Amaranthyne, London

Designed by: Haberdashery design studio
For client: British Land for Clarges Mayfair Floor area: 85.00 M² Year of completion: 2018
Submitted for: Best Use of Light

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© Photo by Haberdashery

The image above illustrated the tones and hues of light found in our interpretation of summer; the soft light slowly transitions around the sculpture over the course of the day, allowing viewers to experience light changing in a timeframe familiar with th

About the Project

The sculpture is located within an 11m x 8.5m domed ceiling; each of the 32 decorative panels is perfectly integrated and aligned with the architectural curves, with a faceted Piccadilly ‘ruff’ that wraps around its perimeter. Details within the perforated white frieze are revealed and hidden again depending on the viewing angle and the time of day. This is achieved through the imaginative use of the latest lighting control systems that enable colour research on real sky tone and hue transitions to bring the subtle changes of the British seasons outside alive in this indoor space. As each new sun rises outside, a light washes across the sculptures myriad of surfaces, creating a unique progression of colour each day of the year, that then transitions to a night setting in sync with the setting sun outside.

Additional lighting expression in the form of textured, animated white light spreads out from a central ‘oculus’ feature, adding a range of energetic identities to the surface of the dome. The Oculus itself has a polished convex mirror surface that reflects the atrium below and the viewer, allowing both to become part of the sculpture themselves.

What’s unique about it

We draw on past memories to create a visceral response to what can often be an extremely poetic subject. Light can connect with humans on a very personal level; this deep connection with light was a language we wanted to bring into the interior space, and it required bringing a human element to the programming of the lighting technology and fusing it with a deep appreciation for light, colour temperature and how light hues can complement and contrast with one another.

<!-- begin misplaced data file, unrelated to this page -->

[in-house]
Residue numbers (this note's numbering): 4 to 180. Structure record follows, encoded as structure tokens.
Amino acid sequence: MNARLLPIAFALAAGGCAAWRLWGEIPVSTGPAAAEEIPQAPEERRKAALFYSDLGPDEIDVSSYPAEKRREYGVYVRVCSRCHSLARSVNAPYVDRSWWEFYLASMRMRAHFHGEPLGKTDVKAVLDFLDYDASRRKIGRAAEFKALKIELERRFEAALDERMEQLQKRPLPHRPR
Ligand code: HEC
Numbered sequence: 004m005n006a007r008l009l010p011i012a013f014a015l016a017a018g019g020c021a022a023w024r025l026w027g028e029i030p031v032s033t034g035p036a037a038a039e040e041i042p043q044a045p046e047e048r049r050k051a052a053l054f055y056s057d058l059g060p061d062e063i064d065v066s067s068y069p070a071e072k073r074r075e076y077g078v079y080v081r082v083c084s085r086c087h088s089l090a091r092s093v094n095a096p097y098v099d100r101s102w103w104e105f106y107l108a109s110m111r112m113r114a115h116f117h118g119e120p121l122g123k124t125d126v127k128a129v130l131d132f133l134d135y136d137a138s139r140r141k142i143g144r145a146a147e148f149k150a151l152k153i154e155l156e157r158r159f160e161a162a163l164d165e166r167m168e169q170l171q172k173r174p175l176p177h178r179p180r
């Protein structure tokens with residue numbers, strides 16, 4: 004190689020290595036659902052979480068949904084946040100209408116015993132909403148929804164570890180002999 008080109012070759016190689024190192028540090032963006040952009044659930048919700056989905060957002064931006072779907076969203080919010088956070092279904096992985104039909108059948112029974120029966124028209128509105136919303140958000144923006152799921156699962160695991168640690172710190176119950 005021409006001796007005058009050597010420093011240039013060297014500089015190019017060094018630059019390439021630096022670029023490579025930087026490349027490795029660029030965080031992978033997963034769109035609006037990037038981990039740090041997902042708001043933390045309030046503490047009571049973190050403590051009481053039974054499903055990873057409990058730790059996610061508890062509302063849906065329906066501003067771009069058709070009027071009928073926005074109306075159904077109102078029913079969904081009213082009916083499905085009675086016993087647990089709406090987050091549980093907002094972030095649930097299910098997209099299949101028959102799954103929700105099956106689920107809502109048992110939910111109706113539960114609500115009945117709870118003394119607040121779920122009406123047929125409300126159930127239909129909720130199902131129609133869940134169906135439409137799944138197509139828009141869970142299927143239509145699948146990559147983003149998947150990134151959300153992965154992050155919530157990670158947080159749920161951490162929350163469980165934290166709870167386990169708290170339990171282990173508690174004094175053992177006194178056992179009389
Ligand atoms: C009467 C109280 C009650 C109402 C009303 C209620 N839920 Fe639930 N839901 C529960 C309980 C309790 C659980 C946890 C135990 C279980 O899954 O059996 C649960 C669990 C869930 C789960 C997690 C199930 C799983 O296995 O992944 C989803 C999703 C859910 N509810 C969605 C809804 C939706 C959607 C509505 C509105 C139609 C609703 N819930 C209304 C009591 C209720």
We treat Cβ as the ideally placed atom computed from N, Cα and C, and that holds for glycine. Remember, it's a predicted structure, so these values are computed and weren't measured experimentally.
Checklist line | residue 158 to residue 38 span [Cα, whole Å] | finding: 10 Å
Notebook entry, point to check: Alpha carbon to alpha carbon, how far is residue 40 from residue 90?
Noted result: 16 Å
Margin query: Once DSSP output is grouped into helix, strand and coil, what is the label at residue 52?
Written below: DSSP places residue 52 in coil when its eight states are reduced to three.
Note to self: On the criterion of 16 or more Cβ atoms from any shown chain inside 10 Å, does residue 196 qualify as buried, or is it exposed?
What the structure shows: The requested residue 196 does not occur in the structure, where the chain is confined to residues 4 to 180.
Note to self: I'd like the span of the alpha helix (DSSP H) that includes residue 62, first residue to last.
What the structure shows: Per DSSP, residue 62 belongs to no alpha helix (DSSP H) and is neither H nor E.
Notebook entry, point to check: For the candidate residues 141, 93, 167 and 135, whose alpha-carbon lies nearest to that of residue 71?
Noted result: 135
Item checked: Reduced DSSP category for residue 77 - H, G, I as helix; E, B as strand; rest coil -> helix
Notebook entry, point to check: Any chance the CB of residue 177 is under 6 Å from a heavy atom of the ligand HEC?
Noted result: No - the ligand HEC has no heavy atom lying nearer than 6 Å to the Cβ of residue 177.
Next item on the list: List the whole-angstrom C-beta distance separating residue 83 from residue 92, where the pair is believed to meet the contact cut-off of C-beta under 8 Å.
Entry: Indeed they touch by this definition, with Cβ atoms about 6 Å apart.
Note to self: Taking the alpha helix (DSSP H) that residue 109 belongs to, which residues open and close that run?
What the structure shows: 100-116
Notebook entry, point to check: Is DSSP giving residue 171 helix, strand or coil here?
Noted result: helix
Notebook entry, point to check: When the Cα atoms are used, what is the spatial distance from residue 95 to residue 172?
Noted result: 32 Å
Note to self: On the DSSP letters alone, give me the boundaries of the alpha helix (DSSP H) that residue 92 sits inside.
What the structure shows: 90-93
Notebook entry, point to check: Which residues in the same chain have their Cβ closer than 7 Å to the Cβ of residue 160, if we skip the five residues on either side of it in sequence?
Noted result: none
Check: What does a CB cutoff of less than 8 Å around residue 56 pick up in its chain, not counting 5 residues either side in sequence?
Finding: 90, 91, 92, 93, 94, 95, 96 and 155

We studied and identified shades of light that can bring easily identifiable memories to life by using highly original and complex palettes of light. By building transitions that play each day in time with the real sunrise and sunset outside, we were able to bring an ever-changing identity to the sculpture, every day, week and month of the year. This provided engaging interactions for residents and visitors on different floor levels and allowed different uses of space to be complemented by light in varying levels of emotional intensity, interacting with incredibly detailed surfaces made up of thousands of miniature surfaces; each orientated to allow us to manipulate how the light, shadow and colour can be revealed and hidden again.

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© Photo by Haberdashery

Another image of the light emitted from the oculus; a delicate pattern of dappled light using language borrowed from light in the real world outside.

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© Photo by Haberdashery

Each of the 200,000 reflector perforations were individual tweaked by hand to give a natural variation to the way light was bounced around the space and across the sculpture; the result is a softness to the coloured light, always trying to distance the wo

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© Photo by Haberdashery

The central oculus feature allows the reflections of the viewers to become part of the sculpture, with animated light spreading out from its perimeter giving a dynamism to the space.

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© Photo by Haberdashery

More intense, powerful hues of light can be created to give bold identities to the sculpture, allowing a completely different atmosphere to be generated in the architectural space below.

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© Photo by Haberdashery (Left) + Casey Horner (right)

Over 200,000 tiny perforations bent by hand into a range of angles act as tiny reflective surfaces that play with light and shadow, revealing then hiding illustrations and allowing a micro level of colour deviation to complement the larger washes of light

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© Photo by Haberdashery

Beautiful ranges of coloured light can reach us on a visceral level; as each new day arrives the sculpture shows a unique display of slowly evolving colour giving a one-off show for the viewer.

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© Photo by Haberdashery

Light and hue were intensified to describe the sunrise outside, with light first fading in on the side of the sculpture where the sun rises geographically in the world outside of the building.

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© Photo by Dieter de Vroomen (left) + Haberdashery (right)

By looking at moments where pastel hues of light are created in the early morning and late evening we were able to develop a subtle interpretation of the autumn season, evoking strong personal memories in the viewer.

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© Photo by Haberdashery

A view from the ground floor showing the 32 illuminated panels, the convex central oculus with light spilling out from its edges, and the reflective Picadilly 'ruff' around the sculpture's perimeter.

The video is dramatically sped up to give an idea of the range of light generated by the sculpture.

Location of project:
Haberdashery design studio

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